MUSCATINE — For months he’s looked like a candidate, stumped like a candidate, and even roadtripped like a candidate.
And as Beto O’Rourke told a house of supporters in Muscatine Thursday night, as of earlier Thursday he is finally a candidate for president.
And he’s already found his refrain: “We’re going to have to work together.”
“I want us to come together to unite. And it’s going to take all of us,” O’Rourke told the crowd of more than 100 people, squeezed into a small house that was packed to the elbows with press, voters and supporters. “Given the challenges we face, we will not overcome them with only half the country.”
After months of teasing a run to be the Democratic nominee, O’Rourke — or just “Beto” (BEH-toh) as supporters call him — launched his candidacy Thursday morning amid his first-ever trip to Iowa. He also released a kickoff video on social media.
O’Rourke is the 46-year-old former congressman from El Paso, Tex., whose political star rose last fall when he ran for Senate and nearly unseated Sen. Ted Cruz (R-TX). O’Rourke lost the race but became something of a Democratic celebrity, racking up endorsements from LeBron James, Eva Longoria, and Beyoncé.
If elected, O’Rourke would be the first person to go from the House to the presidency since James Garfield, in 1880.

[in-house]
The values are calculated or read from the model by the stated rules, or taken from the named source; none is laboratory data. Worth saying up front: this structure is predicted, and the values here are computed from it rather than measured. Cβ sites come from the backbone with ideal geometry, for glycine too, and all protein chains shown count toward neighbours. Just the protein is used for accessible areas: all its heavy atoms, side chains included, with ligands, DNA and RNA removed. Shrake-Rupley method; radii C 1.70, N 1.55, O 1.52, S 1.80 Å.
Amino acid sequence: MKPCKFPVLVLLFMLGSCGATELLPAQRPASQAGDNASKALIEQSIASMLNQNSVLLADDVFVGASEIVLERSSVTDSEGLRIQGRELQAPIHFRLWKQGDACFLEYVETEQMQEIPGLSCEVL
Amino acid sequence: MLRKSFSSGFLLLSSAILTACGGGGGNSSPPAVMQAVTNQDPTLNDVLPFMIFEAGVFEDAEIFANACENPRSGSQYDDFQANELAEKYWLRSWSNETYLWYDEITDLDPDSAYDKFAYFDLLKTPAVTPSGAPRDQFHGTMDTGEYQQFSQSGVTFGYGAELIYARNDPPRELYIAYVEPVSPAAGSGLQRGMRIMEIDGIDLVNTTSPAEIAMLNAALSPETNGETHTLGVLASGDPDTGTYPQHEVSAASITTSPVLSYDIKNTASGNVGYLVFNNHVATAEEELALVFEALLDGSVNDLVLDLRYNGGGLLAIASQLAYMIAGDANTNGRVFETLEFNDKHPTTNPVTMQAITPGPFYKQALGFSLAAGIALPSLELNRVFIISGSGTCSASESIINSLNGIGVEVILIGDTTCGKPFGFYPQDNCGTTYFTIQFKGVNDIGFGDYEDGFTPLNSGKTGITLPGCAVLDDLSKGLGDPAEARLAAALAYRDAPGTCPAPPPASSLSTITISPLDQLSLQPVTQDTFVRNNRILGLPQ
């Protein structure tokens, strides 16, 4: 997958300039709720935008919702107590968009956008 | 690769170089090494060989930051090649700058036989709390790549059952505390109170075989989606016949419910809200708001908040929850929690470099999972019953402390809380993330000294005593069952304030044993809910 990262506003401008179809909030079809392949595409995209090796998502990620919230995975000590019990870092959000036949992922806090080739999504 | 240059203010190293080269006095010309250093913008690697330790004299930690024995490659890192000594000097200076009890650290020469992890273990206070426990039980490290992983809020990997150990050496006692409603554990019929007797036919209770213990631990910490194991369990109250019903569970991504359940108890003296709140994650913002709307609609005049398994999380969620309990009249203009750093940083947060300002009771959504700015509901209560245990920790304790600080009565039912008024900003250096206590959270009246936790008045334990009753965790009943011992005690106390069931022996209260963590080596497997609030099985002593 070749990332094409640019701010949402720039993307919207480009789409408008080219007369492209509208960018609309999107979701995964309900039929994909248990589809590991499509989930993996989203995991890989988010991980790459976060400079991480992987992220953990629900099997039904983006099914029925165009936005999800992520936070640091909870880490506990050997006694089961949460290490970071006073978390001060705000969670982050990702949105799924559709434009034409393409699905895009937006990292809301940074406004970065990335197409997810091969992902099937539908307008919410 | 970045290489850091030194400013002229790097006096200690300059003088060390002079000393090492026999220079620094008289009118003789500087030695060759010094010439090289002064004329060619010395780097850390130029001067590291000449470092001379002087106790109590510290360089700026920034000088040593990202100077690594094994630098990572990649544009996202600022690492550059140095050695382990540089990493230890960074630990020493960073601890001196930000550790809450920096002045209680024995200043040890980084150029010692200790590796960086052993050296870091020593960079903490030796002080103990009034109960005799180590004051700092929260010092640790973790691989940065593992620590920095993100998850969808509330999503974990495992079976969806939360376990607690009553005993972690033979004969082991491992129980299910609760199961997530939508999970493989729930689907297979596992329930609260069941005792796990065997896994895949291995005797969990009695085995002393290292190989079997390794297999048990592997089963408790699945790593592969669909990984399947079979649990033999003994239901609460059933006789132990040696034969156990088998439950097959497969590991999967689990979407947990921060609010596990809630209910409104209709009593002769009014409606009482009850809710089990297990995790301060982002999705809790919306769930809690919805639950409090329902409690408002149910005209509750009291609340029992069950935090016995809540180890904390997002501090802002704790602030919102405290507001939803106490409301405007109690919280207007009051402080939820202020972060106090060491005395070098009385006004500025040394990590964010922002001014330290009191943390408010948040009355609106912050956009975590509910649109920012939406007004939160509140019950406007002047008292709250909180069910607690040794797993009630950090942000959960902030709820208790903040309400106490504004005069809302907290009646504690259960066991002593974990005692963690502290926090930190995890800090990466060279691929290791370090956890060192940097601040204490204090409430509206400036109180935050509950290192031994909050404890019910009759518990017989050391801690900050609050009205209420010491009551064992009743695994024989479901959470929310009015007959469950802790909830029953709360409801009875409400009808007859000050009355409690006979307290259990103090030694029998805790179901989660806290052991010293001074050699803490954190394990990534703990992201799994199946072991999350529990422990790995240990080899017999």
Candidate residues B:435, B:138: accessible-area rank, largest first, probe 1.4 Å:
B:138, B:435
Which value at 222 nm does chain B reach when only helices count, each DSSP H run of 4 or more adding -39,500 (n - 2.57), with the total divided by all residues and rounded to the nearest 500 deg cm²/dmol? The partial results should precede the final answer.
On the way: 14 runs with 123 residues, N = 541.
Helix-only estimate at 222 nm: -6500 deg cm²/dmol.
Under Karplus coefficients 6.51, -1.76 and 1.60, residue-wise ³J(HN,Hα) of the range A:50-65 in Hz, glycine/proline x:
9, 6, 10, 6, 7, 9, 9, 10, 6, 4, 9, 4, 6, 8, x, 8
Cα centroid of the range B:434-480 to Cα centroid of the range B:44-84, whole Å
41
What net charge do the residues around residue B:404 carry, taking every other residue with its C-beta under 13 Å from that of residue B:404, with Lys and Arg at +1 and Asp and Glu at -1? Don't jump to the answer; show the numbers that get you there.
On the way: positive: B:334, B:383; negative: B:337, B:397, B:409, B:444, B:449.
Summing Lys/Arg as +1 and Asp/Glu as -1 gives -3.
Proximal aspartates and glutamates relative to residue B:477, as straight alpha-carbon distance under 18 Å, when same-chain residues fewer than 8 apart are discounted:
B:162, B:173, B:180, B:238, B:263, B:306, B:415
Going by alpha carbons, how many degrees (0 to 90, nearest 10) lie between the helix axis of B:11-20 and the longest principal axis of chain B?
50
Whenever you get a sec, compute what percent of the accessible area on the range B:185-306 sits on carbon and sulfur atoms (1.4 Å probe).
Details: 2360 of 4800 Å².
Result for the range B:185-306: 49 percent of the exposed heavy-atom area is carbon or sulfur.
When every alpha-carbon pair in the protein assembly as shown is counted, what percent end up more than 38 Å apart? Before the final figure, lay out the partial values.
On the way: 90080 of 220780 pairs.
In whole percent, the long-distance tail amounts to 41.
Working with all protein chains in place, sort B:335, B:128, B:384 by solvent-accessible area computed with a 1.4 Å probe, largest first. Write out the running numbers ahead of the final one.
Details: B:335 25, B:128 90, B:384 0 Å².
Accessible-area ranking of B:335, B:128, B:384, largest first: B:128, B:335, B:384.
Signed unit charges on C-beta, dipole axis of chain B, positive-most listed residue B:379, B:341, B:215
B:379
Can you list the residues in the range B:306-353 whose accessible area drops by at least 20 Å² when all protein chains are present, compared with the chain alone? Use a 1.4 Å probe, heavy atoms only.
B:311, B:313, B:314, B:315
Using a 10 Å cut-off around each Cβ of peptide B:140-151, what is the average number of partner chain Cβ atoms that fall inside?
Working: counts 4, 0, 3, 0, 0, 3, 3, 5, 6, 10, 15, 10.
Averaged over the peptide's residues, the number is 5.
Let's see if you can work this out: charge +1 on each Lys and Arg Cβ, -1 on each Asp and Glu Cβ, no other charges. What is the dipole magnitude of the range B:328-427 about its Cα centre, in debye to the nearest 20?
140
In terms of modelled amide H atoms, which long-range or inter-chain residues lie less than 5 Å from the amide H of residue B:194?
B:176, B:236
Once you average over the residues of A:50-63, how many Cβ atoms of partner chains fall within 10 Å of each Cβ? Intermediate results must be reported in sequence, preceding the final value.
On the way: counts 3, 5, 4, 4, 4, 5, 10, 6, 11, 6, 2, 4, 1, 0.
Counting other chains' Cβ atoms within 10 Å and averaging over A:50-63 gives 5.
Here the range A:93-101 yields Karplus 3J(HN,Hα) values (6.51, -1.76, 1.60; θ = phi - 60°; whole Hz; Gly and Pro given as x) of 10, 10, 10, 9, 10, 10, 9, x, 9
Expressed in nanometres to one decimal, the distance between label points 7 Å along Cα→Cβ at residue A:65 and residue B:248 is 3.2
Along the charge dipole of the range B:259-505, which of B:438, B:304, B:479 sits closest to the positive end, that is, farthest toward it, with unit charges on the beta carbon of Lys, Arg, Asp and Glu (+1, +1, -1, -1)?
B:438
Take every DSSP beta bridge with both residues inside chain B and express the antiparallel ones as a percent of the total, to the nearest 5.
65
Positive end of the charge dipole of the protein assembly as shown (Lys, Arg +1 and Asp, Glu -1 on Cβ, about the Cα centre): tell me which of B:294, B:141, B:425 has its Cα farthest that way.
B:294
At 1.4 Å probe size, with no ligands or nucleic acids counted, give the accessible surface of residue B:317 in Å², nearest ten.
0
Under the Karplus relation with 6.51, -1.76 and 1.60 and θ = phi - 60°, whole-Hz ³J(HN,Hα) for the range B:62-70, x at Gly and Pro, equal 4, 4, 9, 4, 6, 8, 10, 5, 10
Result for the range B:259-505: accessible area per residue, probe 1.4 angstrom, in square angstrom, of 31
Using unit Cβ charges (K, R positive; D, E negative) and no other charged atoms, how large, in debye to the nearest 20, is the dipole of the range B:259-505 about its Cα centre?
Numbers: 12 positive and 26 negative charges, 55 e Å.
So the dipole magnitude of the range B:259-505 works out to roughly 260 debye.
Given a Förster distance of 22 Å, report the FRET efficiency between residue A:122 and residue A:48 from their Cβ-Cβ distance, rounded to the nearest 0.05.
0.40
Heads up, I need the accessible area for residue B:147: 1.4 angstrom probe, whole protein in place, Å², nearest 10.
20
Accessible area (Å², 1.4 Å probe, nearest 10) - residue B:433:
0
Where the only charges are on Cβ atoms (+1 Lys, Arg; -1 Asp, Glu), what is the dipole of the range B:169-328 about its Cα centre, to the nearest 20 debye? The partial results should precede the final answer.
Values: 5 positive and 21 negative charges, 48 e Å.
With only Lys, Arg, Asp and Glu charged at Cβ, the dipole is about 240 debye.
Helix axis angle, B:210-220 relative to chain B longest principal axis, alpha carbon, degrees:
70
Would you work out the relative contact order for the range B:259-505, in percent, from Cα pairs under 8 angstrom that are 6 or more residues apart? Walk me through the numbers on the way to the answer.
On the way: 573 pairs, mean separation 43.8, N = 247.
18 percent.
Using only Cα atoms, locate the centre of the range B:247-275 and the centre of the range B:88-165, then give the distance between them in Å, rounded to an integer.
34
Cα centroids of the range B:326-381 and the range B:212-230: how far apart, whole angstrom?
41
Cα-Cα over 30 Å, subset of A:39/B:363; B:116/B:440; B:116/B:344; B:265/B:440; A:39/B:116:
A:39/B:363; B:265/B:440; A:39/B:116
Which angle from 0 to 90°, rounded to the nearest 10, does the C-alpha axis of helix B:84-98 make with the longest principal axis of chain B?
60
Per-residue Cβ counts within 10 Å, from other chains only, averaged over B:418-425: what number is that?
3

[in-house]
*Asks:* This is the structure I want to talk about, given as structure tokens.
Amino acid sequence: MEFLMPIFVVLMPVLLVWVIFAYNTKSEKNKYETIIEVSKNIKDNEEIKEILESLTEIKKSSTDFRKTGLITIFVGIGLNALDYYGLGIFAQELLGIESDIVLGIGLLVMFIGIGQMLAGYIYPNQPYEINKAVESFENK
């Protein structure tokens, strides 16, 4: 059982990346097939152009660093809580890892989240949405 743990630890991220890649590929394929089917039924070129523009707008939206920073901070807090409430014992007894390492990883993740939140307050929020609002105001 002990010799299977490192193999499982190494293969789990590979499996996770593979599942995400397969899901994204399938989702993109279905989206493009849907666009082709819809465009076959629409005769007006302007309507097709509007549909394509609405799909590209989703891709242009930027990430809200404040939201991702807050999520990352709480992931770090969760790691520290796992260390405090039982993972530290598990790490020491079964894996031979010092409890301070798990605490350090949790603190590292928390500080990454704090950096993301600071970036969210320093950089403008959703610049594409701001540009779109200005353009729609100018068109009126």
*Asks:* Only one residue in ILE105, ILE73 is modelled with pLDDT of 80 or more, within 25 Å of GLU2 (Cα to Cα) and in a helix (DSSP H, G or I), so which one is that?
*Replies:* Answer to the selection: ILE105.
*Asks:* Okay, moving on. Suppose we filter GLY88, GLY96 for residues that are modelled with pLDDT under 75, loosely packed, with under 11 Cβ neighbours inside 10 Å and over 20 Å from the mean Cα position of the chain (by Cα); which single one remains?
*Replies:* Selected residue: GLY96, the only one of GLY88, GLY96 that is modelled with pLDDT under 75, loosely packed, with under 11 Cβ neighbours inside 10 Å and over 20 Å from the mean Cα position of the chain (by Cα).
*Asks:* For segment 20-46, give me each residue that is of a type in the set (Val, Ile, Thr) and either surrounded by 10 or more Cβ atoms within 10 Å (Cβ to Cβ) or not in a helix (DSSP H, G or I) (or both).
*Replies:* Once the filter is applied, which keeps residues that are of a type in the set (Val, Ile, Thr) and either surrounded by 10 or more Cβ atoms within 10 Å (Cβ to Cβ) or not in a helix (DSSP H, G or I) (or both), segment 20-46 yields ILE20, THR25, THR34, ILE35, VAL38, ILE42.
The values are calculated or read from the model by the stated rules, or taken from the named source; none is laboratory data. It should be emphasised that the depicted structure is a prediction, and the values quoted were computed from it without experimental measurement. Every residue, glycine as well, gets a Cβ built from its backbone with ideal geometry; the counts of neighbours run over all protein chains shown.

On Thursday night, O’Rourke discussed several major issues for Democratic candidates: health care (O’Rourke has indicated interest in universal care), climate change (which he called “the ultimate existential threat”), and threats to democratic participation (O’Rourke has vocally championed House Bill 1, a comprehensive bill passed this month by the Democratic House to tackle financing and ethics in government).
After his brief stump speech, perched atop a small stool, O’Rourke took questions from the crowd. He seemed comfortable in front of the crowd, speaking loudly in a blue button-down under a grey sweater, which he eventually took off as the room grew warmer.
“The great news for our democracy is that there are so many people who are willing to step up, including those here,” O’Rourke said, “because they recognize that this is a defining moment of truth for this country.”
Voters in attendance expressed their interest in meeting O’Rourke, whose celebrity preceded him. The excitement over O’Rourke reminded Dorothy Riley, an 84-year-old Iowan, of when she saw John F. Kennedy campaign in Moline almost 60 years ago.
The 2018 Texas senate race, decided by less than 3 percentage points, was marked by unprecedented turnout and enthusiasm, particularly among young voters and minorities. O’Rourke, known for his social media savvy and fundraising, received more than twice as many votes as the Democratic nominee in the 2014 Texas Senate race.
O’Rourke came to Iowa this week to stump for Eric Giddens, of Cedar Falls, a Democrat running for state Senate in a special election. On Thursday O’Rourke stopped in Keokuk, Fort Madison, and Burlington before ending his day at the Muscatine event.
He plans to spend at least two more days traveling through the eastern part of the state, including stops in Cedar Rapids, Waterloo, and Dubuque.
“I don’t want us to be defined by our differences or our divisions,” O’Rourke said. “I never denigrate or put down. I always seek to lift up and bring out the very best, because people bring out the very best in me.”